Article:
Just before she went in to the hospice at the beginning of the week I'd had a chat with Mandy, just me and her. There had been some moments of anxiety during her last days in hospital before going to the hospice, but she shared in that conversation her deep faith in God and his love. And she was looking forward to seeing dad again.
I'd just like to share my reflection on the hospice itself. I know that the Douglas Macmillan Hospice - like all cancer care hospices - is trying to get away from the image of being a place you go to in order to die. These days they offer day care, respite care, and many other services which help in the palliative care of cancer sufferers. But the experience of our family has been that of the hospice as a place to help in the last days of life. You might think that a place like the in-patient unit of the hospice would be a sad and mournful place. It is after all a place of death. But this is not the case at all. It actually more resembles a rather nice hotel - or better still, an extension of home. Unlike a hospital with visiting hours and the rather clinical environment, the hospice is a place where families are welcome, everyone is treated with respect and generosity and even love. There is something particularly special about the members of staff who work there - doctors, nurses, and other staff - such that they demonstrate a deep respect for the dignity of the dying person. This is not the false dignity of the culture of death, which seeks to preserve dignity through mercy killing. This is the true culture of life, respecting the person and every dimension of their life, in the midst of their human weakness and suffering. Some people imagine that the drug regimes in hospices are there not only to make the last moments of life pain free, but also to help that last moment come. This is evidently not the case. Indeed we can be assured by palliative medicine specialists that keeping patients pain free is more likely to keep them alive longer than otherwise.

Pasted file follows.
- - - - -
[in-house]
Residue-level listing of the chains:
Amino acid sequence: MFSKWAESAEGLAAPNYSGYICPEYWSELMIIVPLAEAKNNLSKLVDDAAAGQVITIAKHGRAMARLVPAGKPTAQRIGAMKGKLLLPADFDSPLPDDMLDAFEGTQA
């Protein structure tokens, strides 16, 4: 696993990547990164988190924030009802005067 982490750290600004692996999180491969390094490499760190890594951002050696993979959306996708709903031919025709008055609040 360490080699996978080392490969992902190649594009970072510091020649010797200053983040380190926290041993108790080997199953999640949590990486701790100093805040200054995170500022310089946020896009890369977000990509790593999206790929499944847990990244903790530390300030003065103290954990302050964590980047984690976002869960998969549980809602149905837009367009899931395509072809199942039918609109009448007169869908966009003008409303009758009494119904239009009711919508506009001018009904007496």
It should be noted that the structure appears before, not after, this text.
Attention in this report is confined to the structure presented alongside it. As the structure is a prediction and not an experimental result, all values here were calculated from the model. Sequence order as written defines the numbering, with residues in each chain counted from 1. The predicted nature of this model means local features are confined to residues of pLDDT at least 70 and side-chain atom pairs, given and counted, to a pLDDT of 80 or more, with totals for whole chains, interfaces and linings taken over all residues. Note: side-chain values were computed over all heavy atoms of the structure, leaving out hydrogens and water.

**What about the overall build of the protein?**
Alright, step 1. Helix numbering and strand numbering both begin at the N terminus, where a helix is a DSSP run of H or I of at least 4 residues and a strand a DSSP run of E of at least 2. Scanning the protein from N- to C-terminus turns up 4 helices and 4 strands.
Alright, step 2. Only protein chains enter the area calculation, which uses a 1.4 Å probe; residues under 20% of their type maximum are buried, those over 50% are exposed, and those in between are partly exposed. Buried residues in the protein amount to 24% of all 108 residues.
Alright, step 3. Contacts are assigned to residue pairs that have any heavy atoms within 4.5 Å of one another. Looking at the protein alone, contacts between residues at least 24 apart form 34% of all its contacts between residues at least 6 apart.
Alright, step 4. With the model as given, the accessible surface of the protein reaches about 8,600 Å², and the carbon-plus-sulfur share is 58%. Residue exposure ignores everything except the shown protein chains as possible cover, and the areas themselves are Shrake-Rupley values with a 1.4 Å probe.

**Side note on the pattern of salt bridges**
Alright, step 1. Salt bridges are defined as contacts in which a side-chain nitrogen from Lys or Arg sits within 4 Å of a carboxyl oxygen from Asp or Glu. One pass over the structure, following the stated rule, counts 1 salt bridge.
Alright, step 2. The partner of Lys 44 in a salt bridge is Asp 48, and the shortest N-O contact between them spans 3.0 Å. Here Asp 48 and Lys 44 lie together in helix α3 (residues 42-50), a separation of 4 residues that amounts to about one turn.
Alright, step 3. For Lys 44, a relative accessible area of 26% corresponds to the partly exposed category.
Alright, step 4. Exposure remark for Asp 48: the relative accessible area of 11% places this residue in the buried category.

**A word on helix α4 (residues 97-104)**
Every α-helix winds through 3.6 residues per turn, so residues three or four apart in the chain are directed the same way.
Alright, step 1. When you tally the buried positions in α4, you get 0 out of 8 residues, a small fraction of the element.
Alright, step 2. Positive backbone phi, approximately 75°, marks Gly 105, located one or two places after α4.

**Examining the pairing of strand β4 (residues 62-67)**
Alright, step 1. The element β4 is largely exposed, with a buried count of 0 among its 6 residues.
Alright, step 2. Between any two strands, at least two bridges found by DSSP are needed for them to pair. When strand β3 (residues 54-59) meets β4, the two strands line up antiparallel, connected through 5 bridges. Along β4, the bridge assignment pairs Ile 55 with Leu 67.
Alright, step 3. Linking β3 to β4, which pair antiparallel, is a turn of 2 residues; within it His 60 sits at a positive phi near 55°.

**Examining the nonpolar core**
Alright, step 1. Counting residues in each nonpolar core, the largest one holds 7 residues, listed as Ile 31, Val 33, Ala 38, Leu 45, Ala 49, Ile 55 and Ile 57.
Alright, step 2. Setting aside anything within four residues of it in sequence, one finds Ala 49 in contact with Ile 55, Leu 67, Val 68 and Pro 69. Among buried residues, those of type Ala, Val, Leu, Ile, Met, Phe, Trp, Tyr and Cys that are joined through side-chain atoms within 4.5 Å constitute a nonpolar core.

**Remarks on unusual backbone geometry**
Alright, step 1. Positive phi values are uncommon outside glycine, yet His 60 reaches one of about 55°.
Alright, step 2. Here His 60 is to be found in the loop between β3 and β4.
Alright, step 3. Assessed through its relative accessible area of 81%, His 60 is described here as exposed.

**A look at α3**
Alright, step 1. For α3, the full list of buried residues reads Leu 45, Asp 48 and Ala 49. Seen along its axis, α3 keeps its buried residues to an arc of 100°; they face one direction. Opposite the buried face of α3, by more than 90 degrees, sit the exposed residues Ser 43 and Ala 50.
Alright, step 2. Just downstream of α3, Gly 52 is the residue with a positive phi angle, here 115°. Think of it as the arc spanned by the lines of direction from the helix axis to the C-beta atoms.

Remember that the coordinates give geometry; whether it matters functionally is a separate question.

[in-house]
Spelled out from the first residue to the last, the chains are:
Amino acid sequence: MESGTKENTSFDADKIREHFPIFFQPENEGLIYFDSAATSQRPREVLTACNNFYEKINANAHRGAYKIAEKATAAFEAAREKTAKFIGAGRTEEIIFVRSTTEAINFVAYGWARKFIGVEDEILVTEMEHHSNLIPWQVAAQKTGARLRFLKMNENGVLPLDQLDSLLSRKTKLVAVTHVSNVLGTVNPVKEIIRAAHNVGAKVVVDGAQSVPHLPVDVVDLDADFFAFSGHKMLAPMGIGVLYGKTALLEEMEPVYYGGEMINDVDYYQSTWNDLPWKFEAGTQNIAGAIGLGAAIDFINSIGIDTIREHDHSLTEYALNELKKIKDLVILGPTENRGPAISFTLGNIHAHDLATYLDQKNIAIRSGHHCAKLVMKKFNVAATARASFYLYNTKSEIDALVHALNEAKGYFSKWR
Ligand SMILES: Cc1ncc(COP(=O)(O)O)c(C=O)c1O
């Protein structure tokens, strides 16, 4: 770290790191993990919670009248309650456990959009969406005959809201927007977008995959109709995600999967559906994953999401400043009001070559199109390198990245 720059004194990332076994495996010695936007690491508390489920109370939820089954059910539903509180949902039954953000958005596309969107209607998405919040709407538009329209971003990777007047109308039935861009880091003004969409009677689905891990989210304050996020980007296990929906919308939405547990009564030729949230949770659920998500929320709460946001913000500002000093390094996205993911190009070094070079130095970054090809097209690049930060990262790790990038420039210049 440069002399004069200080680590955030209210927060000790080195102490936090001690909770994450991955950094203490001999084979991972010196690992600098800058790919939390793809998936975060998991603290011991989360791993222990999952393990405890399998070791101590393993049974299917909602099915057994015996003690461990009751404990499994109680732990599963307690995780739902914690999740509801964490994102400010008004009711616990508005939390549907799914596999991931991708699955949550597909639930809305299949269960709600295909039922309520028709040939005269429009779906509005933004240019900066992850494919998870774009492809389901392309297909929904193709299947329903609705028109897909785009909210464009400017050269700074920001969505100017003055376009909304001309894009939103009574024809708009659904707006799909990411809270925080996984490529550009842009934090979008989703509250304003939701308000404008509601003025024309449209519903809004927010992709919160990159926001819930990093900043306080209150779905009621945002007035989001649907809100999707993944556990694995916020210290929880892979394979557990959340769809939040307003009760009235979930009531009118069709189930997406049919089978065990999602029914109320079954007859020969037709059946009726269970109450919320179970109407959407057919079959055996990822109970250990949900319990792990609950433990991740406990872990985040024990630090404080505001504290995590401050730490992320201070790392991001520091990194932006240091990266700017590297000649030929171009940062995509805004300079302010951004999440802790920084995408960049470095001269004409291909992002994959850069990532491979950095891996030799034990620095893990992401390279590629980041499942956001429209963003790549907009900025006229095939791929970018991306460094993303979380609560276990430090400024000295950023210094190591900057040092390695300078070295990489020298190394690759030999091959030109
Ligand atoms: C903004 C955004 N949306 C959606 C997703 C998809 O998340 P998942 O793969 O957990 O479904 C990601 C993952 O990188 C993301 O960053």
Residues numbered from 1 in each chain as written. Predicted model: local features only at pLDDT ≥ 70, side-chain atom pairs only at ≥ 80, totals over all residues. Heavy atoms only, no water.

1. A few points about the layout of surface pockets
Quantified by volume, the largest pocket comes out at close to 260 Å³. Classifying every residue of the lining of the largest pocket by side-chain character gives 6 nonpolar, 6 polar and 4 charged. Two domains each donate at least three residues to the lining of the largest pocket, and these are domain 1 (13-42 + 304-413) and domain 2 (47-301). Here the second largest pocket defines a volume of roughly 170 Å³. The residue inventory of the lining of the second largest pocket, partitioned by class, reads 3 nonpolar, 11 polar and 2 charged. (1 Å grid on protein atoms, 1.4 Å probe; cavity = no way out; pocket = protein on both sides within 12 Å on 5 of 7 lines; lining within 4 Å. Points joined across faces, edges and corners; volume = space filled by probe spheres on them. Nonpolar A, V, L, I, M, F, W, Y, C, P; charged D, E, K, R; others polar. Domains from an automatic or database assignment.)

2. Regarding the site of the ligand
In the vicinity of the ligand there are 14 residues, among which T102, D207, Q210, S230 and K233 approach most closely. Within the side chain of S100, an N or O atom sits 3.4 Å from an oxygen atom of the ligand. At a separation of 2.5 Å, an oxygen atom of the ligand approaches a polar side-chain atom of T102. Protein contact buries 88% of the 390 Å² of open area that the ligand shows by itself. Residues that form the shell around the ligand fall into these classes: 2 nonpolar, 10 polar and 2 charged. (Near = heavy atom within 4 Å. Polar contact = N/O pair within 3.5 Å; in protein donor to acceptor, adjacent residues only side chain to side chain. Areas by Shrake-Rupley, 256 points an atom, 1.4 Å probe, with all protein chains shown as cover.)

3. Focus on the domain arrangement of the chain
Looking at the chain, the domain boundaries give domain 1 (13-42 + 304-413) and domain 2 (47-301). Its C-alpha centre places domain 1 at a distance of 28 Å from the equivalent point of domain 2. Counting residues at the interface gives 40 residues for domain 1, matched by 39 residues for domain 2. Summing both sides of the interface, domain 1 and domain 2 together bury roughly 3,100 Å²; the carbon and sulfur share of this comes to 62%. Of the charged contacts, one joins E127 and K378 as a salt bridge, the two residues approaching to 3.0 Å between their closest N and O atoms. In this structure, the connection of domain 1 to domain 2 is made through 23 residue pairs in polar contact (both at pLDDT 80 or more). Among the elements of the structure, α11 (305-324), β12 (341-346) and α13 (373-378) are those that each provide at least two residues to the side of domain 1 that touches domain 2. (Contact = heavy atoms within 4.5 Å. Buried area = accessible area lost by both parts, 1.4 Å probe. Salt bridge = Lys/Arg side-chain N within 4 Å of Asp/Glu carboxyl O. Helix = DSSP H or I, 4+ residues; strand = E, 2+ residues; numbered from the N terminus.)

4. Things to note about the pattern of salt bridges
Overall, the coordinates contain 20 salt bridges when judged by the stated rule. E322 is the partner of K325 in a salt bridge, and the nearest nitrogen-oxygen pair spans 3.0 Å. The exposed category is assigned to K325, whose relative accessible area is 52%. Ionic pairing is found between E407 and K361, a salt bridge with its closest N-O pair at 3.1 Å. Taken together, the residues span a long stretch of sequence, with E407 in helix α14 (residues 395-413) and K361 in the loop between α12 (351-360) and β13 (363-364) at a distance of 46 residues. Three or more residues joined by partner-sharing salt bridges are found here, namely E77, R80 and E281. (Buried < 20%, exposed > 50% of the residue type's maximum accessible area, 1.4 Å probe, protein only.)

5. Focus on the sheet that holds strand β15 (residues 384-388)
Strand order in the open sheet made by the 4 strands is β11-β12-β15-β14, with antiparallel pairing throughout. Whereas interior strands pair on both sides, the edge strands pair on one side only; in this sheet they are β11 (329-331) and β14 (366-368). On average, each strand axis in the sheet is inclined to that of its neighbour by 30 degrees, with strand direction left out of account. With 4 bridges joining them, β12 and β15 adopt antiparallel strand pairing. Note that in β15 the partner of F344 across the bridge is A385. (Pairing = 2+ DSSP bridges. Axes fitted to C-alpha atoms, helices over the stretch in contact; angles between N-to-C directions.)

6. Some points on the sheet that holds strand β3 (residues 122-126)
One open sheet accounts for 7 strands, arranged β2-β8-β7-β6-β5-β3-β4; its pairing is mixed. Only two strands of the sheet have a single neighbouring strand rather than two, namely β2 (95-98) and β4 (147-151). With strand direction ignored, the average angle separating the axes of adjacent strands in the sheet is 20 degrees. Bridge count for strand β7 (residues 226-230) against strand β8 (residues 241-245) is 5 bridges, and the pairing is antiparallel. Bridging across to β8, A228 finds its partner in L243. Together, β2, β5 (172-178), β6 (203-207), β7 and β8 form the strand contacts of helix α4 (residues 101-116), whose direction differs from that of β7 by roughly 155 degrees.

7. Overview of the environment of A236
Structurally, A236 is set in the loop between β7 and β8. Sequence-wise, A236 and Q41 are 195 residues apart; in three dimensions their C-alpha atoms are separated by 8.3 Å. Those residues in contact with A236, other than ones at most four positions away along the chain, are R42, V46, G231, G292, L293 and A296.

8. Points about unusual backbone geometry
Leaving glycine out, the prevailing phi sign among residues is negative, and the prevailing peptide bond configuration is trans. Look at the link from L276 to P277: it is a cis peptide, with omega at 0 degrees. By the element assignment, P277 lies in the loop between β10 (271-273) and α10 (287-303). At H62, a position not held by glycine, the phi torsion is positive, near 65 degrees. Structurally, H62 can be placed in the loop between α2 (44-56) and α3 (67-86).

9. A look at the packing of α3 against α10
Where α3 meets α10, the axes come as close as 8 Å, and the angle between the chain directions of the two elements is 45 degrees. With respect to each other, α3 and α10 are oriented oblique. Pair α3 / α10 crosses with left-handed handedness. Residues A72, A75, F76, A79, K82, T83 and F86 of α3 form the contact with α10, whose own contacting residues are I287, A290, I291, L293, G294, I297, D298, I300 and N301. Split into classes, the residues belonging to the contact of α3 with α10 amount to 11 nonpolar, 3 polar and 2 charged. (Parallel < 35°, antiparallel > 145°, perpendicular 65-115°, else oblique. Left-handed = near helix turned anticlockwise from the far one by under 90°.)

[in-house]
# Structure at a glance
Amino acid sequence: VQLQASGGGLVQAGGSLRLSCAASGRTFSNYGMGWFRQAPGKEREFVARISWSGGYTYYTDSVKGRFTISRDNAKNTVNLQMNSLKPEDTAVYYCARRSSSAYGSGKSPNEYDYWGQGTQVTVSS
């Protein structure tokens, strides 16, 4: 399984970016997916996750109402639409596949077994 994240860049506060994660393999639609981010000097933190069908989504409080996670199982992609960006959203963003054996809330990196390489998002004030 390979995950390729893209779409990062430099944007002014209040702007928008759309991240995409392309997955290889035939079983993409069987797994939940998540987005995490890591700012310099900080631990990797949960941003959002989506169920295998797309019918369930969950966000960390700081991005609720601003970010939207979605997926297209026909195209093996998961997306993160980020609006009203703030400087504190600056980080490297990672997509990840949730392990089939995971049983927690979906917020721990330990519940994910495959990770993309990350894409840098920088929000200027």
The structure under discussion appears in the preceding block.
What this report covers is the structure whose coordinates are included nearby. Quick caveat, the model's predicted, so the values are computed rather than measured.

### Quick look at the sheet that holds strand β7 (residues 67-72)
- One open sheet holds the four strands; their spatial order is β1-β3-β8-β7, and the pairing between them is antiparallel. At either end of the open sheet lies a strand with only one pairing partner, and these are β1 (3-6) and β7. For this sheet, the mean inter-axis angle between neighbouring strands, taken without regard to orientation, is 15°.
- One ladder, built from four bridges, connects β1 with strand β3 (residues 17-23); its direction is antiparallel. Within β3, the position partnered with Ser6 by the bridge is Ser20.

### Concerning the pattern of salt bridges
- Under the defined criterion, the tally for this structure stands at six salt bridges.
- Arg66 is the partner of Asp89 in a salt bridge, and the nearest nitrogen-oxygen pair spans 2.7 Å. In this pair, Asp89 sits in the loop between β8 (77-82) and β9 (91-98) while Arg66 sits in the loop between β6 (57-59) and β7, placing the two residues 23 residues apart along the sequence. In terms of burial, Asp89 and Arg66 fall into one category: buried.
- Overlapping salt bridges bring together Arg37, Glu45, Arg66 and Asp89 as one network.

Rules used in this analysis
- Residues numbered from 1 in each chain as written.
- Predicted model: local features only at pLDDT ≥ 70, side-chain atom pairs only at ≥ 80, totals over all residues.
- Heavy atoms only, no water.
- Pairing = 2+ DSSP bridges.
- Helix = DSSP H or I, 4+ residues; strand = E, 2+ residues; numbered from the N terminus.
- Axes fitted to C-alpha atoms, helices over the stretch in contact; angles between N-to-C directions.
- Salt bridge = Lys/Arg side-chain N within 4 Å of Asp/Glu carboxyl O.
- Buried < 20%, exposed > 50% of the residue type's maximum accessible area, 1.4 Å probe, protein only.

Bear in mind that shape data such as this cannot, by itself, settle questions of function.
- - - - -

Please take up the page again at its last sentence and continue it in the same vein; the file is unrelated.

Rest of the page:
In these days I reflected on what it must have been like to die with the more excrutiating forms of cancer in the days before palliative cancer care. I can't even imagine what that 'last agony' could have been like. I am therefore very thankful to the hospice movement, begun by Douglas Macmillan back just under 100 years ago, which now results in such fine care being given to cancer sufferers in their last days. I am grateful that, in the middle of a society which is so marked by the culture of death, the culture of life is alive and well in these well-respected and valued institutions. Of course pain and suffering united to Christ is redemptive, and the Church recognises that. But the Church also tells us that:
Even if death is thought imminent, the ordinary care owed to a sick person
cannot be legitimately interrupted. The use of painkillers to alleviate the
sufferings of the dying, even at the risk of shortening their days, can be
morally in conformity with human dignity if death is not willed as either an end
or a means, but only foreseen and tolerated as inevitable Palliative care is a
special form of disinterested charity. As such it should be encouraged. (CCC 2279)